In a perfectly executed move, you’d approach it sequentially, and you’d only do each task once with perfection. It might look something like this:
1. Gather the Master Inventory.
2. Gather the Application Inventory.
3. Decide how many move events will be required.
4. Build the Master Timeline.
5. Sequence the Batting Order.
6. Build the Stakeholder Communications Matrix.
7. Rehearse the playbook to reveal the contingencies required.
8. Decide the Go/No-Go Criteria.
Now examine this linear process. Which items can be executed in parallel? How many items require revision and tuning as you learn more? Is there a better way? Perhaps.
Quite a bit depends on your internal culture and what I call the organizational coefficient of drag. This is the amount of energy required to gain momentum on a new project within your firm. If your data center move playbook construction must follow all established rules for a new project, then it’s likely your organizational coefficient of drag will extract a high price in terms of time and resources to even get started.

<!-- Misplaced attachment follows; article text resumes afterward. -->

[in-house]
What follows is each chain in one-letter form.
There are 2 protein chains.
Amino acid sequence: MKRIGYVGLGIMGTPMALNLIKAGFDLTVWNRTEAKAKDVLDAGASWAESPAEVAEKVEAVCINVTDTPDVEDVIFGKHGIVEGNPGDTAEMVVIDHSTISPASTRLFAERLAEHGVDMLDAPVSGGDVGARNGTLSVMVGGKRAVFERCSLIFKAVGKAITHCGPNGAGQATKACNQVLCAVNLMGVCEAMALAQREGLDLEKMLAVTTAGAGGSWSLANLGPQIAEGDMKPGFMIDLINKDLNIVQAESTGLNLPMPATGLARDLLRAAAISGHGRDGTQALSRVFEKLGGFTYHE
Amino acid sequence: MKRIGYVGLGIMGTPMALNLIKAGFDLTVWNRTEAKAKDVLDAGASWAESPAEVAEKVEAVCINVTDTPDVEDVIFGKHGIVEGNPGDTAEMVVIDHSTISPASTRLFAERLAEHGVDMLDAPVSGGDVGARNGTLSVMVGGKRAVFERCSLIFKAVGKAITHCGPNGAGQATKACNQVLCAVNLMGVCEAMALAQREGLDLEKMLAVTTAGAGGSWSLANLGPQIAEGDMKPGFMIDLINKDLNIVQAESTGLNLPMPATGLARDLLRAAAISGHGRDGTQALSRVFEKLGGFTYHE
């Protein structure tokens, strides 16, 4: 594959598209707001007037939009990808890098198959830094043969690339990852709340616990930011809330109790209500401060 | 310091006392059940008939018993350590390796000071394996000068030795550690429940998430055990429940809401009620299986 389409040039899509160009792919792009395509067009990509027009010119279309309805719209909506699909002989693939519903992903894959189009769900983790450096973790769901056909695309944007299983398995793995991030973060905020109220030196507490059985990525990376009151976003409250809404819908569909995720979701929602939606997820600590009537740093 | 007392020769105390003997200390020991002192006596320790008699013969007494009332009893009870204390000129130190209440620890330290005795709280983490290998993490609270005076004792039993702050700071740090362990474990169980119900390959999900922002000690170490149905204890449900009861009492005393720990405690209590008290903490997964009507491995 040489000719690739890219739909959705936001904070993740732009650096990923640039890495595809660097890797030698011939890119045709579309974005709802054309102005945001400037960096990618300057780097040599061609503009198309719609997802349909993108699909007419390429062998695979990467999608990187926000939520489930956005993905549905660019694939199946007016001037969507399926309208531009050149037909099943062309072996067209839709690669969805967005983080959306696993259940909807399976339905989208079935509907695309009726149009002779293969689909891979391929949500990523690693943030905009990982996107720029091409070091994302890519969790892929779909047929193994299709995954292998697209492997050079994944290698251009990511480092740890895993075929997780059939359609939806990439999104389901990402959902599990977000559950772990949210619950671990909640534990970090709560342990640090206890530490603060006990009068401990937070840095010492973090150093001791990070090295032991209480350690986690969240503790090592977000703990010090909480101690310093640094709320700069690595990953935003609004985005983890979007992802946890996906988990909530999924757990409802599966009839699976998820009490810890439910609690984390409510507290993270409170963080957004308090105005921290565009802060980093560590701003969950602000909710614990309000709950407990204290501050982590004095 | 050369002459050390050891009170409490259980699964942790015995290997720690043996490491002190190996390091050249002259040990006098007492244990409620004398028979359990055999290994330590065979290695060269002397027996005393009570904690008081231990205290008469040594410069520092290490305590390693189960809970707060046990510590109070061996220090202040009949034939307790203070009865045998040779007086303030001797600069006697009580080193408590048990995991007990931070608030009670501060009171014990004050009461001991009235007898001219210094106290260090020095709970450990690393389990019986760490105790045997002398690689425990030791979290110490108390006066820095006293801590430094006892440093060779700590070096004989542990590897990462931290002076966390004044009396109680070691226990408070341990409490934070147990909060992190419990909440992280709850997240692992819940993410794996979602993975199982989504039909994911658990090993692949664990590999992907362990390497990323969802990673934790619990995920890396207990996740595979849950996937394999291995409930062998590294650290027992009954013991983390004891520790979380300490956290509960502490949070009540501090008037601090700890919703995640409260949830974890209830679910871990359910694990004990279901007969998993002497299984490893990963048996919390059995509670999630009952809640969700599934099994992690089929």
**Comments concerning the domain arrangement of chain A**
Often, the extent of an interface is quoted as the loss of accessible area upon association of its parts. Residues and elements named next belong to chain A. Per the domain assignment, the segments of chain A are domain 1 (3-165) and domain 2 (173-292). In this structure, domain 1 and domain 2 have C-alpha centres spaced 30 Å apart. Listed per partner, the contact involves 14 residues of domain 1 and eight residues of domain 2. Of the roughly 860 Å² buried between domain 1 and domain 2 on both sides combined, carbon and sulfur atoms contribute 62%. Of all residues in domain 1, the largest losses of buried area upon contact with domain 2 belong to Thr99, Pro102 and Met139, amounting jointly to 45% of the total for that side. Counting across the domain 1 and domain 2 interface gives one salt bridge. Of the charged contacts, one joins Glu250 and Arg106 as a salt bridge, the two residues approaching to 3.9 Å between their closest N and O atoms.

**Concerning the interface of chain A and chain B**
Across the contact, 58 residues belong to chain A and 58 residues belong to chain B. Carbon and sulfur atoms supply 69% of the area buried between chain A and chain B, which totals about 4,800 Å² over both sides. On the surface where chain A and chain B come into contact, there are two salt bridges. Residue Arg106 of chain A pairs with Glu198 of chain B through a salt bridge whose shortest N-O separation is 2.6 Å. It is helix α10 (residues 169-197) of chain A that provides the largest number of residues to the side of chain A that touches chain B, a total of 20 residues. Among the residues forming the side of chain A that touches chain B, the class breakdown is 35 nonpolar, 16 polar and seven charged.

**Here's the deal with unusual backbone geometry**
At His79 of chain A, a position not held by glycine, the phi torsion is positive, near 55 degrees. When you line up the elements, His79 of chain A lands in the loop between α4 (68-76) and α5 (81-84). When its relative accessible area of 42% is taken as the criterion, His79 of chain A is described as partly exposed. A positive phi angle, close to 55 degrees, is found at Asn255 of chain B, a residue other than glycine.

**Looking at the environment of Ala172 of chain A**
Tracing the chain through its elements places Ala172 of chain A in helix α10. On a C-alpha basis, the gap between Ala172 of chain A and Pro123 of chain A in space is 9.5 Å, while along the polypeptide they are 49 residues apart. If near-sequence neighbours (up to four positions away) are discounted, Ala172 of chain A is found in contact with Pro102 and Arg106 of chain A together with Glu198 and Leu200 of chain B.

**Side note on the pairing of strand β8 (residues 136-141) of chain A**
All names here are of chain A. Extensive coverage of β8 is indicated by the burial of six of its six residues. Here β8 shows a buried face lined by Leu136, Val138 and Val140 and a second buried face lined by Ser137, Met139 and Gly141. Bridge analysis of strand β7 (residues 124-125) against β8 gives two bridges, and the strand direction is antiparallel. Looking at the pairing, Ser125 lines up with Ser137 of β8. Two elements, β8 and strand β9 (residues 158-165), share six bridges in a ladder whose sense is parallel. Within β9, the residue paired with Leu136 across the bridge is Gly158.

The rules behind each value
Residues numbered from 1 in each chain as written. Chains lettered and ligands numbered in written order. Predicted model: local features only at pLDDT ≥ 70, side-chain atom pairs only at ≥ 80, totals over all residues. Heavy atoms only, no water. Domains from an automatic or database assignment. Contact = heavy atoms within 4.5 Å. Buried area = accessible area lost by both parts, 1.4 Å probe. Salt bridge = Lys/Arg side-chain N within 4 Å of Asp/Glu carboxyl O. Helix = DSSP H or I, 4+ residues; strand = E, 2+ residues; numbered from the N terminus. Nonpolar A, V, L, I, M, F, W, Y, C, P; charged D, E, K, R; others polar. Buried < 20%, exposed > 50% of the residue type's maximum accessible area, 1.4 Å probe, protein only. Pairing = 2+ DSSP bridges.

That’s not to say formal project management procedures such as project charters and methodologies aren’t important. If you are lucky, you’ll find a champion to accelerate through those formal requirements.
However, many internally led moves don’t accelerate; they get bogged down right at the beginning. Before any meaningful work on the move playbook construction begins, aim to overcome the organizational coefficient of drag.
Caution: Address this issue immediately, speaking truth to power if necessary, to avoid this common startup issue